A wildfire was fouling the summer season on a beloved and scenic stretch of the California coast, where smoke and the threat of flames forced the closure of state parks near Big Sur.

The blaze that has destroyed 20 homes was burning inland over a ridge and was not for the most part visible on the Pacific Coast Highway, which remained open, but with its signature views hard to see in the dark haze.

"We wanted to see more of the ocean," said Phoenix-area tourist Jim Newby, who drove along the highway with is family Tuesday. "We didn't see a whole lot of it unfortunately, and it's a beautiful, beautiful stretch."

The blaze could very easily crest the ridge and make a run toward some of the beloved campgrounds, lodges and redwoods nearer to the shore, officials said.

"It is folly to predict where this fire will go," said California state parks spokesman Dennis Weber.

To the south, firefighters made progress containing a huge blaze in mountains outside Los Angeles, allowing authorities to let most of 20,000 people evacuated over the weekend to return home. The Los Angeles-area fire has destroyed 18 homes since it started and authorities over the weekend discovered a burned body in a car identified Tuesday as a man who refused to be evacuated.

A woman living in the house Robert Bresnick was visiting left with firefighters but he went back inside the house. The body of Bresnick, 67, was found about 20 minutes later Saturday in the car after flames tore through the neighborhood, said Los Angeles County Coroner's Assistant Ed Winter.

The Big Sur closures were put into place for parks that draw 7,500 visitors daily from around the world for their dramatic vistas of ocean and mountains.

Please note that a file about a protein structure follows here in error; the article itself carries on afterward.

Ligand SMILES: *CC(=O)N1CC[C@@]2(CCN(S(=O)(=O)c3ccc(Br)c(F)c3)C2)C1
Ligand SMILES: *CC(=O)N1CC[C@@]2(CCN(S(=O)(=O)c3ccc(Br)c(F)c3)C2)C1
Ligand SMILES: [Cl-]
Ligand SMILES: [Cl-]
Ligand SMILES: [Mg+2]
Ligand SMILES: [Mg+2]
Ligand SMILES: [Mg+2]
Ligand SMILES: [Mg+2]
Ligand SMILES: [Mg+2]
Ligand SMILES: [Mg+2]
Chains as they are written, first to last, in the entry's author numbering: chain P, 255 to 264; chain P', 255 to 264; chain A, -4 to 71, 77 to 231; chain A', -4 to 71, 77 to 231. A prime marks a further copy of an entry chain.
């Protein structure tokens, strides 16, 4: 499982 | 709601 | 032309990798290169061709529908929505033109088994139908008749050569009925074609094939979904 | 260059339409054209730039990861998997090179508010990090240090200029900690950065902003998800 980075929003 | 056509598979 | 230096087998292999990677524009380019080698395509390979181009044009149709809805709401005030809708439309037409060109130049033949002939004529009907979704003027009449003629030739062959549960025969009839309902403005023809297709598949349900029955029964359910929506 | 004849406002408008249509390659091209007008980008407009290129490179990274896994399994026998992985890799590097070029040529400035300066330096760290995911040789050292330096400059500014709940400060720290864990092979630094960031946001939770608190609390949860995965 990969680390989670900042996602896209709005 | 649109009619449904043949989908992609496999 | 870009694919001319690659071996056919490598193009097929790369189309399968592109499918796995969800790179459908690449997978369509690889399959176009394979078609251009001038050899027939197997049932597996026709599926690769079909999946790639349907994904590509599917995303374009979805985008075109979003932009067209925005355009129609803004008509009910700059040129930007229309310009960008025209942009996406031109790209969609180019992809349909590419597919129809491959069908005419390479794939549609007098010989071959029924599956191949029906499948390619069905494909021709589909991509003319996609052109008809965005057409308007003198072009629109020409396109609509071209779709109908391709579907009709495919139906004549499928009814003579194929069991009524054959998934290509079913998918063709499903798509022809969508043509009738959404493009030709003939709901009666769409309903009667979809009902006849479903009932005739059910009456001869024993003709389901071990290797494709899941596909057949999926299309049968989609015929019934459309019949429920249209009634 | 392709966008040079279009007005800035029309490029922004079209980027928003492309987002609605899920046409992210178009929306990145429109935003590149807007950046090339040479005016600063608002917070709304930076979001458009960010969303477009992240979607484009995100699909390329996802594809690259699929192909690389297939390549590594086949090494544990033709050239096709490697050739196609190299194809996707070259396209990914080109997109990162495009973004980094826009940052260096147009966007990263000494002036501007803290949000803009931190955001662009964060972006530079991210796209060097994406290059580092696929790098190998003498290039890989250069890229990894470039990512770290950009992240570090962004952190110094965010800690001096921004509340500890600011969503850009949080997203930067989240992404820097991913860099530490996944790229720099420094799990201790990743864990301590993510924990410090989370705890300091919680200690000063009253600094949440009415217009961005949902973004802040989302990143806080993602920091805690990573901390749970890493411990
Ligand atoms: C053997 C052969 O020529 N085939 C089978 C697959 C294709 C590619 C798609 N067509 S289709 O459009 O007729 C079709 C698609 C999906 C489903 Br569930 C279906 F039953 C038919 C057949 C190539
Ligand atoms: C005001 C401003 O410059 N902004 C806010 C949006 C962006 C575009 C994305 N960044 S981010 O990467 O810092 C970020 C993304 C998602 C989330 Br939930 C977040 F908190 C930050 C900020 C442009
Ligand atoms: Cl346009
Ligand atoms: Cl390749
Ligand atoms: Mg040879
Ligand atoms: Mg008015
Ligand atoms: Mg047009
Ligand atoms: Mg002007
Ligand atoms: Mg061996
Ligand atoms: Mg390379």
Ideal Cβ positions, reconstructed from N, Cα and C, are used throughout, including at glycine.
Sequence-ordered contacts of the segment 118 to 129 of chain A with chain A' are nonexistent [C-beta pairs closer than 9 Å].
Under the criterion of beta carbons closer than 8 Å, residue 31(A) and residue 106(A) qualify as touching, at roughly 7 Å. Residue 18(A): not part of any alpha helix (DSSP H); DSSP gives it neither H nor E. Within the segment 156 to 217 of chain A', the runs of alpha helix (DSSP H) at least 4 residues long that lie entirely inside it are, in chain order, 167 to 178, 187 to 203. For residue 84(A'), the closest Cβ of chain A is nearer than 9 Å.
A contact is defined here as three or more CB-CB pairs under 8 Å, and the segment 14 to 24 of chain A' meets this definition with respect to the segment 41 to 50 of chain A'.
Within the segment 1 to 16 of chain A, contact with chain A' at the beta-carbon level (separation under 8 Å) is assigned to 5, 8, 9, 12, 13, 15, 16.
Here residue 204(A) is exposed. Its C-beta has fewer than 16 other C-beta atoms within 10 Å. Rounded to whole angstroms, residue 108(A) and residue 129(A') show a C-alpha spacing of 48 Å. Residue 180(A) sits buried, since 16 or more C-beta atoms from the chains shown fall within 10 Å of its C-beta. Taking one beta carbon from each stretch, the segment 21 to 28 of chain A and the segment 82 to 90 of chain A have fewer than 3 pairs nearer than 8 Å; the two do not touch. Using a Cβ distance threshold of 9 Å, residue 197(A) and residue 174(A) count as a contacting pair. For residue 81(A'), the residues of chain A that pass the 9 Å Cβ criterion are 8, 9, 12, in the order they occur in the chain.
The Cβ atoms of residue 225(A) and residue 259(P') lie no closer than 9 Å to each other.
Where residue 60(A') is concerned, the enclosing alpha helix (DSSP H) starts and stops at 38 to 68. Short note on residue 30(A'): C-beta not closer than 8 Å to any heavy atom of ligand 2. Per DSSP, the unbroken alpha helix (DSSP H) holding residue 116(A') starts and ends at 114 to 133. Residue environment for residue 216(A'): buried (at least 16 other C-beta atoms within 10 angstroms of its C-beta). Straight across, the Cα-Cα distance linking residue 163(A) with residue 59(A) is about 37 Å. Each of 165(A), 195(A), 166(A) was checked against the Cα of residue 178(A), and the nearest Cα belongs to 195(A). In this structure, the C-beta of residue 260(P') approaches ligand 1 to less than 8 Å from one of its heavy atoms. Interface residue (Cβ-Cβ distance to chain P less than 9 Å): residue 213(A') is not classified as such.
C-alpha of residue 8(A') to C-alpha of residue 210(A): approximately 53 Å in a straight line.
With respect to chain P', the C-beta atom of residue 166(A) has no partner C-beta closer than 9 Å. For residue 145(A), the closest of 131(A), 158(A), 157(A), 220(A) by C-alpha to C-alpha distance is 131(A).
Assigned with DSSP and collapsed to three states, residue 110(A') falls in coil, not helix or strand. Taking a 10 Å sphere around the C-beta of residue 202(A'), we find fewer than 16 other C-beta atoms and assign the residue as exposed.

The park shutdowns came as a fire that started Friday just north of Big Sur grew Tuesday to 36 square miles (93 square kilometers) but was just 10 percent contained. Twenty homes have burned in the zone, residents of 300 more were ordered to evacuate and more than 2,000 firefighters were trying to douse the blaze.

In Southern California, the fire in rugged wilderness between the northern edge of Los Angeles and the suburban city of Santa Clarita grew to 59 square miles (153 square kilometers). It was 25 percent contained.

Acting Gov. Tom Torlakson, substituting for Gov. Jerry Brown who is at the Democratic National Convention with other top state officials, declared a state of emergency for both fires on Tuesday night. The move frees up funding and relaxes regulations to help with the firefight and the recovery.

The 3,000 firefighters faced another day of temperatures in the 90s to low 100s as they fought the fire, aided by fleets aircraft dropping retardant and water and hundreds of fire engines.

Meanwhile in Wyoming, a large backcountry wildfire in the Shoshone National Forest put about 290 homes and guest ranches at risk. It burned nearly 11 square miles (28 square kilometers) and forced the evacuations of 900 people but no homes had burned by Tuesday, authorities said.